The Department of Public Health has released the final version of the regulations constituting “The Pharmaceutical and Medical Device Manufacturer Code of Conduct,” also known as the “Marketing Code of Conduct” (105 CMR 970.000). These new regulations directly address how pharmaceutical and medical device companies may market their prescription drugs, biologics or medical devices in Massachusetts. Most notably, the regulations prohibit various payments and gifts to individuals who dispense or prescribe prescription drugs or medical devices (e.g., healthcare practitioners, hospitals, nursing homes, pharmacists and health benefit plan administrators — collectively referred to as healthcare practitioners).
Of equal importance, however, is that the regulations require that covered companies disclose certain payments to healthcare practitioners. Although not required by the regulations to take action directly, it is important for healthcare practitioners to understand that most payments they receive from covered companies are likely to be publicly disclosed. The regulations are effective as of July 1, 2009, so all payments made after this date are subject to the disclosure rules.
Activities Prohibited Under The Regulations
Covered companies are strictly prohibited under the regulations from making payments of any kind (cash, cash equivalents, equity, “in kind” or tangible items) to Massachusetts healthcare practitioners, subject to some exceptions described below. The regulations make it clear that the following may not be provided:
- “Complimentary” gifts, such as pens, coffee mugs or gifts cards;
- Entertainment items, such as tickets to sporting events;
- Meals (with a few narrow exceptions); and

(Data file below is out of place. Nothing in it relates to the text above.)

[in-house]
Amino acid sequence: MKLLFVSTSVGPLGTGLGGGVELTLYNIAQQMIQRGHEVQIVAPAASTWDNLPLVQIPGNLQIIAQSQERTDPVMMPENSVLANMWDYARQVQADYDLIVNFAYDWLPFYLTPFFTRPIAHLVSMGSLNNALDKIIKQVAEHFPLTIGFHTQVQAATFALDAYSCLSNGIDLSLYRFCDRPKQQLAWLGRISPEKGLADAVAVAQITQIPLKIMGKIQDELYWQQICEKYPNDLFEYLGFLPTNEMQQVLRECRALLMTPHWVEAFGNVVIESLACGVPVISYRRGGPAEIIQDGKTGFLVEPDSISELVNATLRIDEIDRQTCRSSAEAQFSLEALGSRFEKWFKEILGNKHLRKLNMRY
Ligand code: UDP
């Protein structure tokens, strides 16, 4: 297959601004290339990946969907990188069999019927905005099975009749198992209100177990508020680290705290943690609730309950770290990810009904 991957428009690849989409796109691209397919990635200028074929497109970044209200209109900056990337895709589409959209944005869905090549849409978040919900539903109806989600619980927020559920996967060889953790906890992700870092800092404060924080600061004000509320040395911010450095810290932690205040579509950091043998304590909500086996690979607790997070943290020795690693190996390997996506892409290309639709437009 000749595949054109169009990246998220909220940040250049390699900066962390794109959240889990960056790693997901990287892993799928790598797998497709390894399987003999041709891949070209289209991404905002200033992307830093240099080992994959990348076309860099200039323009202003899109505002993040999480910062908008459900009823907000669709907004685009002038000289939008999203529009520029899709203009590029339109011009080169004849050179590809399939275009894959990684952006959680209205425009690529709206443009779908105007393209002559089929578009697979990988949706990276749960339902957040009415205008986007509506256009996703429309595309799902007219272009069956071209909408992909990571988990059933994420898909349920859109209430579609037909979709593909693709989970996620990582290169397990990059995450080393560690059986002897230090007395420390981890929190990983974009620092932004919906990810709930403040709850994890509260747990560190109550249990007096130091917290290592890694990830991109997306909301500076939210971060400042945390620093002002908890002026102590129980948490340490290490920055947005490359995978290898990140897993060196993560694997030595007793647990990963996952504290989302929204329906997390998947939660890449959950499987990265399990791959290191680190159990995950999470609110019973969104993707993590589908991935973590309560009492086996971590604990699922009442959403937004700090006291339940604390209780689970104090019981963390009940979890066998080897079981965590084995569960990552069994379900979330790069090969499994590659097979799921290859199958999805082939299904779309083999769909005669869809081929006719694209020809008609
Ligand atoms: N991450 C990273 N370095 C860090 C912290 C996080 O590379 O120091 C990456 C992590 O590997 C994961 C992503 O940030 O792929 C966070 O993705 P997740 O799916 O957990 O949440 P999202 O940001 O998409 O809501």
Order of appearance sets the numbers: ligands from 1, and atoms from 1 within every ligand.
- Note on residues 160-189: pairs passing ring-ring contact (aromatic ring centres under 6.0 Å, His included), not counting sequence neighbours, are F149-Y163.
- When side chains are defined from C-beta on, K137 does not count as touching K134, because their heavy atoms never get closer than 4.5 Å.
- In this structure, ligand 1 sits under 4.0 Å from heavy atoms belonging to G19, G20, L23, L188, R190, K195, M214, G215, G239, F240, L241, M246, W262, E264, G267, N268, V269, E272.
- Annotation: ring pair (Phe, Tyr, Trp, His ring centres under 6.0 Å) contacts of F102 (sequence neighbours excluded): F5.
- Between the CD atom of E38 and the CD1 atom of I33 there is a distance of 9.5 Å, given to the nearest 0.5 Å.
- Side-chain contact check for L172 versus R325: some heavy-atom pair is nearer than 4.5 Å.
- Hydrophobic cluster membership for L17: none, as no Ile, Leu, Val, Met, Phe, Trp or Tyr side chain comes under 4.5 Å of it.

- Travel, lodging or other personal expenses of non-faculty healthcare practitioners in connection with conferences or professional meetings, including Continuing Medical Education.
Exceptions To The Prohibitions
The regulations do contain explicit exceptions to these prohibitions, including:
- compensation to healthcare practitioners for “bona fide services”;
- providing prescription drugs (i.e., samples) to healthcare practitioners for patient use;
- making certain donations to charities;
- providing reasonable quantities of medical device demonstration and evaluation units to healthcare practitioners to assess the appropriate use and functionality of the product and determine whether or not and when to use or recommend the product in the future; and
- making payments or free outpatient prescription drugs for the benefit of low income individuals through established “patient assistance programs.”
Beginning July 1, 2010, covered companies will be required to file an annual report with DPH on or before July 1st of each year, disclosing any payment or other economic benefit of $50 or more (on an individual transactional basis and not in the aggregate) provided by a covered company to a healthcare practitioner, except for the following purposes:
- For clinical trials and genuine research;
- The provision of prescription drugs to a healthcare practitioner solely and exclusively for use by patients;
- The provision of demonstration or evaluation units;
- The provision of in-kind items used for the provision of charity care; or
- The provision of price concessions in the normal course of business.
Disclosures must include the value, nature, purpose and particular recipient of the payment. Because even permitted payments will come under public scrutiny (if they are valued at $50 or more), healthcare practitioners must seriously consider whether they are willing to accept such payments after July 1, 2009.
Healthcare practitioners may find themselves in a position to report violations of these prohibitions to the DPH. In order to protect individuals who might wish to report such violations, covered companies are prohibited from discharging, refusing to hire, refusing to serve, or in any manner retaliating against persons who have taken action in furtherance of the enforcement of the regulations. A person who knowingly and willfully violates the regulations, including a covered company that takes retaliatory action against a healthcare practitioner as described above, will be punished by a fine of up to $5,000 per transaction, occurrence or event.